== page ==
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5 ways to know if your shocks and/or struts need to be replaced

Here are 5 ways to know if your shocks and/or struts need to be replaced. But, before we get into some of these common signs of worn out or broken shocks and struts, let’s take a quick look at the function of these parts and the difference between shocks and struts.


What exactly do your shocks and struts do for your car?

Your vehicle’s shocks and struts maintain your car, truck or SUVs body suspended above the wheels and correctly positioned off the ground while you drive, making your experience comfortable. When someone has worn out shocks and struts, they bounce as they go down the road, making any drive both unsafe and uncomfortable for all riders. Shocks and struts absorb the vertical movement of your vehicle into energy every time a bump or pothole is hit when driving. When they wear down, control of the car’s stability can be lost, and the car takes more braking power and longer to stop. This will create additional wear and tear on your braking system and other parts of the car. “Having shocks and struts that are in good working order is important for both your safety and comfort,” explains master mechanic and third generation owner Chad Schnitzler of Bill's Auto Service and Towing in Blue Ash, located near the city of Montgomery, Ohio.


Does my vehicle have shocks or does it have struts?

Every one of your vehicle wheels has either a shock or strut. While they could be the same for all wheels on your car or truck, you could have shocks on the front and struts on the back, or vice versa. There is one or the other on each of your wheels. Shocks and struts are usually referred to together, but they each are a separate part with distinct functionality. Shocks are individual components of the suspension system while struts are a major structural component of the chassis and suspension system.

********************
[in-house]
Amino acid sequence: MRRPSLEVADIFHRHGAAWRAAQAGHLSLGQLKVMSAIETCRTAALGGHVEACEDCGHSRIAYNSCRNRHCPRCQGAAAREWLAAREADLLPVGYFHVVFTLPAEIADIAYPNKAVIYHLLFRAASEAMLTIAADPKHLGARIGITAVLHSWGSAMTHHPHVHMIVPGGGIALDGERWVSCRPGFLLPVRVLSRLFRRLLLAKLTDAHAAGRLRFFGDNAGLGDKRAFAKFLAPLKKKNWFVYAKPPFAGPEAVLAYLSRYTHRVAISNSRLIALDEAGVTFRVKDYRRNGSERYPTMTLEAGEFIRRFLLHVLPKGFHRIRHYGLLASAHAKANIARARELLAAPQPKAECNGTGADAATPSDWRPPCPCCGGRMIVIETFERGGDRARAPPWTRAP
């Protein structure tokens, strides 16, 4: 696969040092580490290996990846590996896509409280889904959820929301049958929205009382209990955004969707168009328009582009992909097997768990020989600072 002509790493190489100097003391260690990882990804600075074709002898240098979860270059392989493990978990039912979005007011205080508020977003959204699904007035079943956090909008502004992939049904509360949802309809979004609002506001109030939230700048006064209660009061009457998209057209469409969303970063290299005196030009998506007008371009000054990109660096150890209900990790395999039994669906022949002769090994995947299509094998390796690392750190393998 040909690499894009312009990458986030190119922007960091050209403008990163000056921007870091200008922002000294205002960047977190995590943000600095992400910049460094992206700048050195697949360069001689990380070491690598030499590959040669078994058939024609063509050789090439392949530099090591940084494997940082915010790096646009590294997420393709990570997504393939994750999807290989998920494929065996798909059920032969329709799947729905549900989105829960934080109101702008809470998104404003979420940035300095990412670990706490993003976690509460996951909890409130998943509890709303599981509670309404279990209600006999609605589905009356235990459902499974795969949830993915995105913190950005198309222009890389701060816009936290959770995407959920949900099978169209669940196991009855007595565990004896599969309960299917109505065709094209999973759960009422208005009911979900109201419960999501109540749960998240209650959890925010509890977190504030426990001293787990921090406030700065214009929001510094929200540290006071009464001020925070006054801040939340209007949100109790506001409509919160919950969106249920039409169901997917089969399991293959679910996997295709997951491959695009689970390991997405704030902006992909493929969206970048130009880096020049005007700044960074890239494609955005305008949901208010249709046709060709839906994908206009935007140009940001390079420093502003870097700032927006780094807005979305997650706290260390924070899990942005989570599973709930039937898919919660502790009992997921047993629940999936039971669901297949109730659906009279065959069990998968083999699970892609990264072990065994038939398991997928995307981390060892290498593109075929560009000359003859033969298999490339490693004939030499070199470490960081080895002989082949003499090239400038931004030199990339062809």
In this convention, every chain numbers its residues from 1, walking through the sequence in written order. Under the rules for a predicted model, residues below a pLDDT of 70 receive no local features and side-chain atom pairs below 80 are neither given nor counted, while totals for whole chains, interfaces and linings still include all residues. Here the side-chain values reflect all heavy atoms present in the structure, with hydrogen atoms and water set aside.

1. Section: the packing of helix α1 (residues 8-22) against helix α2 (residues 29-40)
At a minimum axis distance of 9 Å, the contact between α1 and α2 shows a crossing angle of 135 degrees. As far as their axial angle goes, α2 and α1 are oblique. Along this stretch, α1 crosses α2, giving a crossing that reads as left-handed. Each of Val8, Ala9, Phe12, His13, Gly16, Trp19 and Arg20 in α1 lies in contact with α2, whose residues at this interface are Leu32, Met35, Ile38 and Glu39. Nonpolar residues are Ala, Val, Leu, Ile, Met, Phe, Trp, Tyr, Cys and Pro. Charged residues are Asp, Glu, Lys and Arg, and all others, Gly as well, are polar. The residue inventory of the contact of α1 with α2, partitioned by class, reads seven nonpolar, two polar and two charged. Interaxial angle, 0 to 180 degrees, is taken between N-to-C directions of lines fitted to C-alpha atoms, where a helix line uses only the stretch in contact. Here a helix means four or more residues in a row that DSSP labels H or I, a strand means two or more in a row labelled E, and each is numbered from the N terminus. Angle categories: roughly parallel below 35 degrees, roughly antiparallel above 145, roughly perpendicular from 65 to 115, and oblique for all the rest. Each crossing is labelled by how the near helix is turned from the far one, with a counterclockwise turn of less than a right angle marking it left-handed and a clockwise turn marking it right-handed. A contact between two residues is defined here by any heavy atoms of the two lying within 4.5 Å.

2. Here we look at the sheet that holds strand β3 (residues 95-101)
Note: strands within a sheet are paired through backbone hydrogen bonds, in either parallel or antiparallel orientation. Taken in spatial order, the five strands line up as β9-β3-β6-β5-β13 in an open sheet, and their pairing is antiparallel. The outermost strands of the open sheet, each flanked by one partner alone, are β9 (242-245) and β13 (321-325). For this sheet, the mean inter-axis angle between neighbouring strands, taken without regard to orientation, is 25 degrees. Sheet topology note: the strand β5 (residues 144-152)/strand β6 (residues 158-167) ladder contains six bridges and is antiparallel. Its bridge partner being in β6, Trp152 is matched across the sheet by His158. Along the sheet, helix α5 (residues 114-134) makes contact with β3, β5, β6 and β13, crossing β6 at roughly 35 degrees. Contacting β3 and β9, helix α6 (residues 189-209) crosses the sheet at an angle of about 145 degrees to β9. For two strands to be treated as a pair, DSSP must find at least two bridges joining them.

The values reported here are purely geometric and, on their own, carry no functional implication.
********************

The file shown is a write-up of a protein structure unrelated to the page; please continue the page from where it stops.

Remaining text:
The purpose of a car’s shocks, or shock absorber, is to control the spring and suspension movement of the vehicle. This happens when your shocks turn kinetic energy of the vehicle’s suspension movement into thermal energy, and then it is dissipated through the hydraulic fluid.



The strut is a damper used on the independent suspension of many vehicles on the market today, and is essentially part of your vehicle’s suspension. Struts perform two main jobs. First, struts perform a damping function like shock absorbers. And internally, a strut is like a shock absorber. A piston is attached to the end of the piston rod and works against hydraulic fluid to control spring and suspension movement. And just like shock absorbers, this portion of the strut is sensitive to velocity. The second job struts perform is different from the shocks. Struts provide structural support for your car truck or SUV suspension, support the spring, and hold the tire in an aligned position. 


5 Signs your Shocks and Struts need to be replaced

  1. You are noticing your vehicle is not stable at faster speeds. When you drive on the highways you feel your car bouncing up and down, or when you turn a corner your car feels like it is leaning or tipping to one side. 
  2. When you brake, your car truck or SUV tends to lean forward, making you brake harder or sooner than you normally would.
  3. Your tires bounce for an extended time after hitting a bump or pothole and you can feel or hear a noise of metal hitting together. Your tires may also show odd wear patterns that are not consistent across all four tires.
  4. Your car is lifting up in the front and dipping down in the back when you accelerate.
  5. You notice fluid leaking on the exterior of your shocks or struts, which signifies the seals have broken and you are losing essential internal fluids needed for proper functioning of your shocks and struts.

Contact us today to get started with your review, repair or replacement of your vehicle’s shocks or struts. If you are not sure if they need to be replaced, schedule a review with Bill's Auto Repair today and we will help you understand exactly what is needed to get your vehicle working properly.

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